Restoring my Grandfather's motorcycle 1980 CB650C - Page 2
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Thread: Restoring my Grandfather's motorcycle 1980 CB650C

  1. #11
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    Great bike, older Hondas are so cool they are making retro bikes now.
    I have been jonesing for a 1974 Honda CL360 scrambler. I'm probably going to end up with a new Yamaha TW200 because it's "over land"' ability. I can't walk the woods and trails anymore like I want too. I have always liked trailbikes and scooters. I may sell my show bike. 1981 Honda passport C70. I took 1st. Place in unrestored class last year and 4th place a few years ago.
    My dads friend has been a bike guy all his life. Motocross winner in the 1970s. He is 74 and rides his Ducati everywhere he goes weather permeating. Friday week ago he got hit. The Bones broken will heal but the brain bleed has weakened his right side. He is going to a rehab facility tomorrow. I think I'll stay on a trail scooter and off busy roads.
    If I were to get a road bike it would be a 1970-80 cb Honda or Yamaha 450-750.
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  2. #12
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    I tried opening this link oldrice.com but Firefox didn't like it. Previously found that link very interesting.
    The Christian Faith: We are not called to solve the Mystery, but to enter into it. Ephesians 3

  3. #13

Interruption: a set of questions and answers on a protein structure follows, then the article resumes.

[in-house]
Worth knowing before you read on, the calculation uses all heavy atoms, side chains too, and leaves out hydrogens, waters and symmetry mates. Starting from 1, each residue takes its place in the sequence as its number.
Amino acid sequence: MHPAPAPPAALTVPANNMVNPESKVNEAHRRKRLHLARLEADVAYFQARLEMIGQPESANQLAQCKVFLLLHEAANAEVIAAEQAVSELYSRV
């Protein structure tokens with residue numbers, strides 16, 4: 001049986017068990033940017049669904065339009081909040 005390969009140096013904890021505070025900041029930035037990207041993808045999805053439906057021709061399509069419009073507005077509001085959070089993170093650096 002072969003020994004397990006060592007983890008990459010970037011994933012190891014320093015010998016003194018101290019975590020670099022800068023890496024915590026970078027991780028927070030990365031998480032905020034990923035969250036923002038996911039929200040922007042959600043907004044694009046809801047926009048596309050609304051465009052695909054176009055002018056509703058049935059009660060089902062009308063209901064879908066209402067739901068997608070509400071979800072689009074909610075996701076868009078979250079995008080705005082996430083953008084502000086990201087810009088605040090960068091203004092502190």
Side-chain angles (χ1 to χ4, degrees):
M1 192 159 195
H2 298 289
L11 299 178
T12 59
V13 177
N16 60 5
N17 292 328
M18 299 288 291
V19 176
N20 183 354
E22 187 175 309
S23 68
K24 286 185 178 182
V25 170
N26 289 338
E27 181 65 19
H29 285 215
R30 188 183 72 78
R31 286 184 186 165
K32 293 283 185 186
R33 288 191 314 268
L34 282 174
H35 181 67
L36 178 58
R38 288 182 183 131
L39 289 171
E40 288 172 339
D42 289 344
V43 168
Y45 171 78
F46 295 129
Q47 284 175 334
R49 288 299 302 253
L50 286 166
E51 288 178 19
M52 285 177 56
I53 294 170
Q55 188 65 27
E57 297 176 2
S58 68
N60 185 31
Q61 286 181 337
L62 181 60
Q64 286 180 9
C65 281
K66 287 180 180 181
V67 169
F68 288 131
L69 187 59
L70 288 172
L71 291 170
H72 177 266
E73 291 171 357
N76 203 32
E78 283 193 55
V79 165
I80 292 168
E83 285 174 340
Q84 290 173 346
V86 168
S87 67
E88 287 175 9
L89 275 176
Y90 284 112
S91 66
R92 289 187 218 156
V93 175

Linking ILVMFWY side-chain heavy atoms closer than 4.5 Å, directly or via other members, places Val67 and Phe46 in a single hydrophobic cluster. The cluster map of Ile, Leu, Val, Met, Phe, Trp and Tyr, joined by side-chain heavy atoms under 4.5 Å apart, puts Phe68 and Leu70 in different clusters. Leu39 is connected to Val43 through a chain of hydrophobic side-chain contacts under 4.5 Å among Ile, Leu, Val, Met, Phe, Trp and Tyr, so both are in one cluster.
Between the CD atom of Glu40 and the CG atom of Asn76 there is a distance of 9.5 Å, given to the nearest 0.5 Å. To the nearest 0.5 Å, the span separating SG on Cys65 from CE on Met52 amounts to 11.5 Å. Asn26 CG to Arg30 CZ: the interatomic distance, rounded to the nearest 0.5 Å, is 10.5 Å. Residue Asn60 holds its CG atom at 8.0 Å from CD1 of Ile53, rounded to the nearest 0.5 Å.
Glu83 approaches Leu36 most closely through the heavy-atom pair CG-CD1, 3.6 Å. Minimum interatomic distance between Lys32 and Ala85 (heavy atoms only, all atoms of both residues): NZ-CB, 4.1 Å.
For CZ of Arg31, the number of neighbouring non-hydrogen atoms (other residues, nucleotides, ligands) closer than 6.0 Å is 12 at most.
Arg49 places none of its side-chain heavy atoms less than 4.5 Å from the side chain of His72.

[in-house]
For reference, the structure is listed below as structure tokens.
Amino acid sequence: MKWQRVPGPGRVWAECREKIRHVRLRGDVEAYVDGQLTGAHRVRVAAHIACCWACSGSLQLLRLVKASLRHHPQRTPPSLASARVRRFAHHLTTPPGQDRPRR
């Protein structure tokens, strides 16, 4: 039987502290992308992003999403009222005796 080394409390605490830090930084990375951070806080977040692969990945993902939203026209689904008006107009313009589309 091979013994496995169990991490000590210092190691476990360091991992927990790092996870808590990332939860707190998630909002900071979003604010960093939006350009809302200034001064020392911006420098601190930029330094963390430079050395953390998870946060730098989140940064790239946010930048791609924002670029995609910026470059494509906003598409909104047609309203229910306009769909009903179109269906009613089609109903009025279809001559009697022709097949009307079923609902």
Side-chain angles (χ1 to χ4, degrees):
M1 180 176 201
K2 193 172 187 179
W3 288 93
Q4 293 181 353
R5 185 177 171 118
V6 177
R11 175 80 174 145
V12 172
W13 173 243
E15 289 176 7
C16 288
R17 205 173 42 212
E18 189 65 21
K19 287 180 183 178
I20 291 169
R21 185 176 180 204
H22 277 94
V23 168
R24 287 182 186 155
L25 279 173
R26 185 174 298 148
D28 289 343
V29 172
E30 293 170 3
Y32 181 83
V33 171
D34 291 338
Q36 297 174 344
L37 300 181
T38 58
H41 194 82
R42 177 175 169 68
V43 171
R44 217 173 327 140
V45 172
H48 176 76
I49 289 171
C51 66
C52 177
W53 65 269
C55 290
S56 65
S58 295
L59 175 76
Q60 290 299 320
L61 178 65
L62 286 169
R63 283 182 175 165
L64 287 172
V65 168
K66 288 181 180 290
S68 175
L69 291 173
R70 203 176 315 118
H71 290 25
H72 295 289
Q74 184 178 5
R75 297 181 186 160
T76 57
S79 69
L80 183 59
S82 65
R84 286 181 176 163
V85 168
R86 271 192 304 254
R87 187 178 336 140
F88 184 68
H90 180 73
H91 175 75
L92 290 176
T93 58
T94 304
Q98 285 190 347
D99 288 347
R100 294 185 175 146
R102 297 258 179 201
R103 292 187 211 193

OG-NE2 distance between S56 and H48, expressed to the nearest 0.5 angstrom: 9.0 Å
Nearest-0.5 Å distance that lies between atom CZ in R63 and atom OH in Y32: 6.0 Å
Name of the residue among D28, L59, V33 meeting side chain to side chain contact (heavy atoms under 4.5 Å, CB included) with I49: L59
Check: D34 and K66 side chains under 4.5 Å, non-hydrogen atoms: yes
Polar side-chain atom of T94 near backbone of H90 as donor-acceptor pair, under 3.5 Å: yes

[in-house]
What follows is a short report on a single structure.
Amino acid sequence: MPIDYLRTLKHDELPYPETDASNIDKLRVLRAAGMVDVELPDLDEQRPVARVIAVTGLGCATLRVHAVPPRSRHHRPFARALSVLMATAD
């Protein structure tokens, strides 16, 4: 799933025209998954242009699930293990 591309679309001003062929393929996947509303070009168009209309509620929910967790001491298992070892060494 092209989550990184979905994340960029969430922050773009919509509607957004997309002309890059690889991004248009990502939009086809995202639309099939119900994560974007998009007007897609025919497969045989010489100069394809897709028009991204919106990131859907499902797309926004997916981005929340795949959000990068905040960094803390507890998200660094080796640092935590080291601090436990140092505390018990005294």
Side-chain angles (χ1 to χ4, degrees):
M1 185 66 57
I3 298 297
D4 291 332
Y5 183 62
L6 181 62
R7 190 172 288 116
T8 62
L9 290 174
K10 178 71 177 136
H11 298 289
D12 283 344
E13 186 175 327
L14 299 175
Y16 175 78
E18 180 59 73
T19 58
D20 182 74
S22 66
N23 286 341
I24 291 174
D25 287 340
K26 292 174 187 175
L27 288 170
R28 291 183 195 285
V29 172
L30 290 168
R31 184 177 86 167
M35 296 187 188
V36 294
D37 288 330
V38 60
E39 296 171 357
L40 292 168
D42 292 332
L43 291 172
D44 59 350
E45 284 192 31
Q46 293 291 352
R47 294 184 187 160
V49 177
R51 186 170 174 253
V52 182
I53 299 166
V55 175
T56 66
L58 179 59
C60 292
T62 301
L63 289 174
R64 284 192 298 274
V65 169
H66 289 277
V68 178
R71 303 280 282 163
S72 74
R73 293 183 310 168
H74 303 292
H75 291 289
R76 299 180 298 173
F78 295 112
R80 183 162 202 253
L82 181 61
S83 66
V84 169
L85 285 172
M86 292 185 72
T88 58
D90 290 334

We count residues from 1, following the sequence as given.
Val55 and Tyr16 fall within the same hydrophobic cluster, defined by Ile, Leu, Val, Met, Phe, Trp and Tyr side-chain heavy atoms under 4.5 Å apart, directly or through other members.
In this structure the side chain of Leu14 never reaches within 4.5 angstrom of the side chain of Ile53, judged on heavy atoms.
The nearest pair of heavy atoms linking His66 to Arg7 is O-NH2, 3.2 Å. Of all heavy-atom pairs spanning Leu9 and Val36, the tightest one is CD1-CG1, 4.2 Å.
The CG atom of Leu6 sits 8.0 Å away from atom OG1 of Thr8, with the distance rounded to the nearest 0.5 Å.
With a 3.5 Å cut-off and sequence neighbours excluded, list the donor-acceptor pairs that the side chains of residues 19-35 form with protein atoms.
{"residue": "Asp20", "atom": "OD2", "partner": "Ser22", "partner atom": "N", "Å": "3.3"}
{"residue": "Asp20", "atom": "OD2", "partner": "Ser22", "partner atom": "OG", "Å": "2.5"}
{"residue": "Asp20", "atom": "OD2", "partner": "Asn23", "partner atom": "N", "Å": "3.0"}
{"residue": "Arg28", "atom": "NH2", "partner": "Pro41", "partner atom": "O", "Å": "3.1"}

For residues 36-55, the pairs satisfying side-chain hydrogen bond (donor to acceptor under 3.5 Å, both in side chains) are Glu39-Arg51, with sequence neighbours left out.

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    GH, drain the old oil. This information from the past, but still relevant:

    "The engine is open to another form of corrosion, too. When the oil becomes contaminated with soot particles from the combustion process and is heated beyond a certain point, it turns from its normal alkaline state to an acidic state. This acid can attack the metal engine parts and cause corrosion unless neutralized quickly."

    If an engine is in a humid environment and condensation is a concern, fill the crankcase with fresh oil. If it's not going to be started for a while, overfilling the crank is okay. Turn the engine by hand a few times to distribute the fresh oil, and you're good.
    Last edited by TrucksNCoffee; 06-23-2020 at 09:06 PM.
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  5. #14
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    Once the carbs are rebuilt change the oil before the first time you try to crank the engine. If the inside of the rusted tank looks like the outside I would probably not want to use it.

    Have fun!

  6. #15
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    Never had a 650 but rode a CB360 for a few years then tore myself up riding a newly rebuild Yamaha 550 special. That was it for bikes for me. Brother in law had a Kaw 400 that was a rocket. Had a similar acceleration as a CR250 elsinore.
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  7. #16
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    Helpful hint for you if don’t already know.
    Using aerosol carb cleaner, clean ALL of the passages and jets in the carbs, especially those of the primary/idle circuit, which are the smallest and plug up first.